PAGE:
The ACA Provisions That Missed Expectations
Not all of the ACA’s promised improvements for rural hospitals have become reality.
According to Kaiser Health News, fewer than one in 20 critical access hospitals are part of an ACO. Leah Binder of the Leapfrog Group said that many rural hospitals do not have a large enough patient base to form ACOs and, therefore, struggle to take part.
Meanwhile, the frontier community health integration pilot has been limited to five states — Alaska, Montana, Nevada, North Dakota and Wyoming — and no critical access hospital participants have been announced yet.
Further, Congress has yet to provide funding for critical access hospitals to receive bonuses or penalties based on quality.
Priya Bathija, senior associate director of policy at the American Hospital Association, told California Healthline that “there is a sentiment from critical access hospitals that they want to participate in those programs, and some are publicly reporting their quality data.” She noted that critical access hospitals could benefit from such a program that takes into account the hospitals’ lower patient volume.
Another challenge for rural hospitals is that the Supreme Court’s ruling to allow states to opt out of the law’s Medicaid expansion has created a greater financial burden on hospitals in non-expansion states, Bathija said. A findings brief from the NC Rural Health Research Program notes that of the 11 states not expanding Medicaid at the time of its research, six — Arkansas, Maine, Mississippi, Montana, South Dakota and Wyoming — had more than 20% of their populations residing in rural areas.
Holmes, also an associate professor of health policy and management at the University of North Carolina-Chapel Hill, said, “Rural areas were generally more uninsured and although a lot of [ACA] provisions were designed to mitigate that gap in some states,” it has gotten worse because some states with large rural populations declined to expand their Medicaid programs. According to Holmes, it’s “not a design or implementation issue, that is just how things transpired.”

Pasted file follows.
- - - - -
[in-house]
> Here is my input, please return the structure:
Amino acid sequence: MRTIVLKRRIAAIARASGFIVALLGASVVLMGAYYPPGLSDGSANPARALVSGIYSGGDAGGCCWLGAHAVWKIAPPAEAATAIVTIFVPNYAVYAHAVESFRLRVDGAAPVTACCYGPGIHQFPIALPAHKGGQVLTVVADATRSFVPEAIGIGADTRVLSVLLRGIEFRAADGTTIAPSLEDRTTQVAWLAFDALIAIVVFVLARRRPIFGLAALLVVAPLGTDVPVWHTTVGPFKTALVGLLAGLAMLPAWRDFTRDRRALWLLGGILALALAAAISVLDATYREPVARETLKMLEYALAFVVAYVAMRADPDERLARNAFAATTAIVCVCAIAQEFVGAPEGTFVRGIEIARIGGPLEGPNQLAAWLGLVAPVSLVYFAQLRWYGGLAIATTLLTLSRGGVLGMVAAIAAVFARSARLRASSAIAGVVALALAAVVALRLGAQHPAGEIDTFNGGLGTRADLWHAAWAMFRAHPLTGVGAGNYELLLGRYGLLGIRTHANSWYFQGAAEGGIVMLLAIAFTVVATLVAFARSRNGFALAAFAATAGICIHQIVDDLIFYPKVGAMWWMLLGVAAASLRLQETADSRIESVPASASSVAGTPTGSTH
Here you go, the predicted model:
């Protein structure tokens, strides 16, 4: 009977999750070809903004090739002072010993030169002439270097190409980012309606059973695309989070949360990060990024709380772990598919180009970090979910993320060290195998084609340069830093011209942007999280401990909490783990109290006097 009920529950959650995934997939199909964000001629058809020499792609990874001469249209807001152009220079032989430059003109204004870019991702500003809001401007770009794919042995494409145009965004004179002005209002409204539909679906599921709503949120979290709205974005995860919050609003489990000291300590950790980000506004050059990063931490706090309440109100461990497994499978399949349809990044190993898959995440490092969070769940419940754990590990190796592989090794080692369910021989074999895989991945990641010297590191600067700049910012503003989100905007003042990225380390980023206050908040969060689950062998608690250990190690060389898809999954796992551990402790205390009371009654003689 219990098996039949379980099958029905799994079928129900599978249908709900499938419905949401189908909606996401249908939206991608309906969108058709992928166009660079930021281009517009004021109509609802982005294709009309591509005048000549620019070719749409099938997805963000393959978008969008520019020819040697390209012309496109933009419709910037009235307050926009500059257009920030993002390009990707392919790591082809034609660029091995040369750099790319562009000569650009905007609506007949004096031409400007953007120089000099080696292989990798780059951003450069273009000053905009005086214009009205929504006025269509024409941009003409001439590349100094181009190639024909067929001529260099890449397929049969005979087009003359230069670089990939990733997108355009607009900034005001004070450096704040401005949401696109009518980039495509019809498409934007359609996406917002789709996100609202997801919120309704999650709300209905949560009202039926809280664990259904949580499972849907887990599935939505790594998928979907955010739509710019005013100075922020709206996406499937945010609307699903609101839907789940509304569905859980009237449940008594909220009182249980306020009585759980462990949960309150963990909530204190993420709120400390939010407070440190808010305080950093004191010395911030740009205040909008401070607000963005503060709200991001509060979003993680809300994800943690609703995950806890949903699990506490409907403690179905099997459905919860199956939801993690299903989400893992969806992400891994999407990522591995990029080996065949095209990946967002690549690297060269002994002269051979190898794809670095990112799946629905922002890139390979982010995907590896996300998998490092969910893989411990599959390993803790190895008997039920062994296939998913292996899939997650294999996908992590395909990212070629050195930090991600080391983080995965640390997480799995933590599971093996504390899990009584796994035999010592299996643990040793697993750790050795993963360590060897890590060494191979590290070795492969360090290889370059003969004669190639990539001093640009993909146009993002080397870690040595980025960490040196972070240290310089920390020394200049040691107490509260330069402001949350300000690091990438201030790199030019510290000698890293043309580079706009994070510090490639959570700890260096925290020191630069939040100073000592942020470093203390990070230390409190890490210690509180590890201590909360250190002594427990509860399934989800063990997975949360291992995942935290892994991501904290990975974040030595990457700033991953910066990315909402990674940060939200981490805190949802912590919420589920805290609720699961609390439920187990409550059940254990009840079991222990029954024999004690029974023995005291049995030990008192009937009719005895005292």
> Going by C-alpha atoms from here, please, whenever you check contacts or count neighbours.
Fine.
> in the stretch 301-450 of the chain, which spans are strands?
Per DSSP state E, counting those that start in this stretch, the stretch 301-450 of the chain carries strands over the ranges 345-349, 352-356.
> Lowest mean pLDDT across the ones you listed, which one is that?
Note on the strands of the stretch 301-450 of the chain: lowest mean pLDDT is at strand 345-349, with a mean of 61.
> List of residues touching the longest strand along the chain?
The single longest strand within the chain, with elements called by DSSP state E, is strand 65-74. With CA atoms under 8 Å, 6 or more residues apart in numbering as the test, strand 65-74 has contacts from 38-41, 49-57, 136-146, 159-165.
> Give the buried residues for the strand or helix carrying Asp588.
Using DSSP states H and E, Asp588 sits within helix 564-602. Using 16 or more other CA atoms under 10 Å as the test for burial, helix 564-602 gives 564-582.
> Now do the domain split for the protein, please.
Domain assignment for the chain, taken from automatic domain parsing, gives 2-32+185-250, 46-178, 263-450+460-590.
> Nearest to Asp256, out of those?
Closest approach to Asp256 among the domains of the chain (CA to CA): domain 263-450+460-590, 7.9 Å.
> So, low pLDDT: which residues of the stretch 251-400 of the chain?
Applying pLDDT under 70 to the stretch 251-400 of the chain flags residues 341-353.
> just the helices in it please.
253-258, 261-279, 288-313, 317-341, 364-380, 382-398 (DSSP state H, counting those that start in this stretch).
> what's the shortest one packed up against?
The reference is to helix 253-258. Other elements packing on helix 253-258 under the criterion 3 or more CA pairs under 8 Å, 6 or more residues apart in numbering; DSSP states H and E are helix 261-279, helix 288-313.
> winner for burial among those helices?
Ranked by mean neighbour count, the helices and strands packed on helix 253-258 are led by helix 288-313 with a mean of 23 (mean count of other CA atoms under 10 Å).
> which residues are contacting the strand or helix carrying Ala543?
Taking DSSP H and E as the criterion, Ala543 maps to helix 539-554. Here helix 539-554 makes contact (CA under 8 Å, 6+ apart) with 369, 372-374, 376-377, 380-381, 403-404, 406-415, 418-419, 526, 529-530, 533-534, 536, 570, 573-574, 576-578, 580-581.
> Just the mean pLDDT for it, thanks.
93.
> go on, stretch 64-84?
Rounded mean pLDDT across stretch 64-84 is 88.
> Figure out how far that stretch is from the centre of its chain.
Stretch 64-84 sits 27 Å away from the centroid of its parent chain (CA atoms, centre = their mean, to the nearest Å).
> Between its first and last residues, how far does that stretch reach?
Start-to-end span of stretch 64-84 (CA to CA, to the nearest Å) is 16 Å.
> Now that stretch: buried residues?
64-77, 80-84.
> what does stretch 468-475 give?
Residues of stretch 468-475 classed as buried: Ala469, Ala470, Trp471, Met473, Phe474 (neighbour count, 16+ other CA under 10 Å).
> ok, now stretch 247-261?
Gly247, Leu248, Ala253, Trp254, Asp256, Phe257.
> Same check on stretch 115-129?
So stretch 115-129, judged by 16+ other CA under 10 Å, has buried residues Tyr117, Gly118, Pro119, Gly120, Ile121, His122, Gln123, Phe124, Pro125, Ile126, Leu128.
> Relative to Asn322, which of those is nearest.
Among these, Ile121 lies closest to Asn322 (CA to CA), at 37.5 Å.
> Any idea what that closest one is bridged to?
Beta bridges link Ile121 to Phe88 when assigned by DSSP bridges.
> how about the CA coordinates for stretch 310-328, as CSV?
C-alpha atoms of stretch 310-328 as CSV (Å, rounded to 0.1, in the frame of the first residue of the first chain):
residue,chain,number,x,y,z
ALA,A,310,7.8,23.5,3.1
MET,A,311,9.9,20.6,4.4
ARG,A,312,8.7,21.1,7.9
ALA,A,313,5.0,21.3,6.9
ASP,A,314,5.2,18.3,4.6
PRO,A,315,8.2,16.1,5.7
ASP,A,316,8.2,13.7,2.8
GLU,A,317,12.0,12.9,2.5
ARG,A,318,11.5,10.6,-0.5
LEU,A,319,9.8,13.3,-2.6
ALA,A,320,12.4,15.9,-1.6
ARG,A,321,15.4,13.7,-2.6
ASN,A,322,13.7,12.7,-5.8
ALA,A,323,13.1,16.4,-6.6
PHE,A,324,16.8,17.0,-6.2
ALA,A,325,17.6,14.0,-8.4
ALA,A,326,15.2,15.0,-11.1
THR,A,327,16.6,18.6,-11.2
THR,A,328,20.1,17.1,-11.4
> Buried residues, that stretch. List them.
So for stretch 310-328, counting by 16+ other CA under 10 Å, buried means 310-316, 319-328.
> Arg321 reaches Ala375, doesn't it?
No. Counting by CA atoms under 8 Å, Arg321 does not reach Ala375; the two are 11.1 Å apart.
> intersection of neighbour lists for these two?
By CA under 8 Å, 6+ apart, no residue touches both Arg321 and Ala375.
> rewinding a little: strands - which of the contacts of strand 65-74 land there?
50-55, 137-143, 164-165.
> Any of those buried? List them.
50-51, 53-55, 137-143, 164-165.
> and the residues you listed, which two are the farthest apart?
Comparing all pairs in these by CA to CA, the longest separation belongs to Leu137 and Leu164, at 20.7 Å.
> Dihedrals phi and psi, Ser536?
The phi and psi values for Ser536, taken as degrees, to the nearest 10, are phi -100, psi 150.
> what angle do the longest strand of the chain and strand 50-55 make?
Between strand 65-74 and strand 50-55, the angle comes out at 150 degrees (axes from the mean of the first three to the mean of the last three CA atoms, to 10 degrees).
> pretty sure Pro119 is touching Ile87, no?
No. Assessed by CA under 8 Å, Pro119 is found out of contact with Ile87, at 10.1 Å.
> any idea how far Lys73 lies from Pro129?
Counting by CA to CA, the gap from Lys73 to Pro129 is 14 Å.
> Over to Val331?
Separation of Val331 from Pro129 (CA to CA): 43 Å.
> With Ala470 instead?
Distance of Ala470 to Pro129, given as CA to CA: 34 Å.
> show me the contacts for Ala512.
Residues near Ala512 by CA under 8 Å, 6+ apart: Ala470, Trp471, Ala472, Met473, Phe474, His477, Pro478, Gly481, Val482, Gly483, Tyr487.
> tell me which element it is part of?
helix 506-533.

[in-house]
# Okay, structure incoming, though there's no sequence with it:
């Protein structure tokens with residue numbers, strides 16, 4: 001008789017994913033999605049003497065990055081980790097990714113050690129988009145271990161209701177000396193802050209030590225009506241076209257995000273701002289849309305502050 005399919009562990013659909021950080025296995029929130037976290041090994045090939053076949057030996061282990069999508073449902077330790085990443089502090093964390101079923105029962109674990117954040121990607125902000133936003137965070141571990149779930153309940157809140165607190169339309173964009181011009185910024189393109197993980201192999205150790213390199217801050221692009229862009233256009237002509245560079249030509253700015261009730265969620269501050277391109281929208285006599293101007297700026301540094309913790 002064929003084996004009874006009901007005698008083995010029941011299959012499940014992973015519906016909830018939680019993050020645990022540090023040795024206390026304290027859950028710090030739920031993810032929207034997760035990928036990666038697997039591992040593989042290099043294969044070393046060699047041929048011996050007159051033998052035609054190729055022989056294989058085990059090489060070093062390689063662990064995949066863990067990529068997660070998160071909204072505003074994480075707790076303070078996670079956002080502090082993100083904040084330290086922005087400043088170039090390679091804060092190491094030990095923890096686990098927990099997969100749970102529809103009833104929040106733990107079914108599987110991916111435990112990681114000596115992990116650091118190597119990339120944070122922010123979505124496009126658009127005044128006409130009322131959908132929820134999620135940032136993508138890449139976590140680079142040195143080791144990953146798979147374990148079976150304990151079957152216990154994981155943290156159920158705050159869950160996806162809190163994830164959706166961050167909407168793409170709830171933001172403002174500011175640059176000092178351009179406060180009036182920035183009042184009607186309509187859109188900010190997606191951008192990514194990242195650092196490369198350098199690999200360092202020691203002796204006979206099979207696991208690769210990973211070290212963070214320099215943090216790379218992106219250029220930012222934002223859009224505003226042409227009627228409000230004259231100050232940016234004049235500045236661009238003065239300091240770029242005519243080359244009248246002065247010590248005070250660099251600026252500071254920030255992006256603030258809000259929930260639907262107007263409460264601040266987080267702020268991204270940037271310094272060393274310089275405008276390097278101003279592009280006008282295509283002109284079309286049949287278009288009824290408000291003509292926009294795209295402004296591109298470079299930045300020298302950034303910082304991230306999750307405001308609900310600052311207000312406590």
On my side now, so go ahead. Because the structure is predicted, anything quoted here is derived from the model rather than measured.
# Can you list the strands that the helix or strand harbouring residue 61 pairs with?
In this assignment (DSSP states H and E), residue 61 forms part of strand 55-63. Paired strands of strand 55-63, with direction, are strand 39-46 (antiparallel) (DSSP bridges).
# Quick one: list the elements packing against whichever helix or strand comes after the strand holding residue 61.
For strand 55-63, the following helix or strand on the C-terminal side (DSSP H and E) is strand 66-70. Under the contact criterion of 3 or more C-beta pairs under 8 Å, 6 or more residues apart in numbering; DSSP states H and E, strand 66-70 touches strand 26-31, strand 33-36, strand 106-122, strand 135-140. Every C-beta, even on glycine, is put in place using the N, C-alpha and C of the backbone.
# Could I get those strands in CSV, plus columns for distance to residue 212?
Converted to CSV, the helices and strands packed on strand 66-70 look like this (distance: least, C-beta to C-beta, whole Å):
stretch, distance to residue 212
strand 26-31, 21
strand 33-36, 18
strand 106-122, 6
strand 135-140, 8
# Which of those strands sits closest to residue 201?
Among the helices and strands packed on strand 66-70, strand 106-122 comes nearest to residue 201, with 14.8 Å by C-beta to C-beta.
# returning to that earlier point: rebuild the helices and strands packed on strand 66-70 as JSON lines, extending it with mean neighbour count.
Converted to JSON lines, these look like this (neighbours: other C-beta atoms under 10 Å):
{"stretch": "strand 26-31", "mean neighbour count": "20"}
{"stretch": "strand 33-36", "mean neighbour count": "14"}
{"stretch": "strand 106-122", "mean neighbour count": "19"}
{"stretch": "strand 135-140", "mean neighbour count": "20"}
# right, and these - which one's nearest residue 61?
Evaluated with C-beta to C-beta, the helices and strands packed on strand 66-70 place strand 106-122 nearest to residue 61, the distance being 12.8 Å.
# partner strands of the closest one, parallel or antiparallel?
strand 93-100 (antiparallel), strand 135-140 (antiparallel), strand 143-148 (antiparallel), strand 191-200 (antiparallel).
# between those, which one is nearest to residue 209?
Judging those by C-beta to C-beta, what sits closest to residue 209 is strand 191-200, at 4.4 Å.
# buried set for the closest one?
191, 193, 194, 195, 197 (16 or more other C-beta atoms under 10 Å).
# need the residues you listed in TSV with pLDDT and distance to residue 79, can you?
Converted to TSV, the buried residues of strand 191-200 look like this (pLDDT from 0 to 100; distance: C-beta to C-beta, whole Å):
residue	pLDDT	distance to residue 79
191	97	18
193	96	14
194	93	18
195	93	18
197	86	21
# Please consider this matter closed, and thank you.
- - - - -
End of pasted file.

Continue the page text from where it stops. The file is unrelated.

The Road Ahead
Despite the current atmosphere, Holmes said he expects the ACA will eventually benefit rural hospitals, but it will take a few years before those benefits are tangible.
However, some industry experts say that rural hospitals have had to resort to mergers to continue to survive. And “the jury is still out on how [mergers] will play out for rural communities,” Binder said.
In the meantime, CMS appears to be addressing some of the ACA provisions that rural hospitals struggled to meet. Just this month, CMS announced the ACO Investment Model, which aims to help small and rural providers develop the infrastructure necessary to thrive in Medicare’s ACO program.
Around the nation
HealthCare.gov imposter: The Washington Post‘s “Wonkblog” takes a look at a private website called HealthCare.com and how it could cause confusion among consumers who are trying to reach the federal government’s health insurance exchange.
Partisan discord: Modern Healthcare reports that a political standoff could be brewing as Republicans continue to criticize the ACA’s risk corridor program as a “bailout” for insurers, while Democrats say it is designed to encourage participation in the law’s insurance exchanges.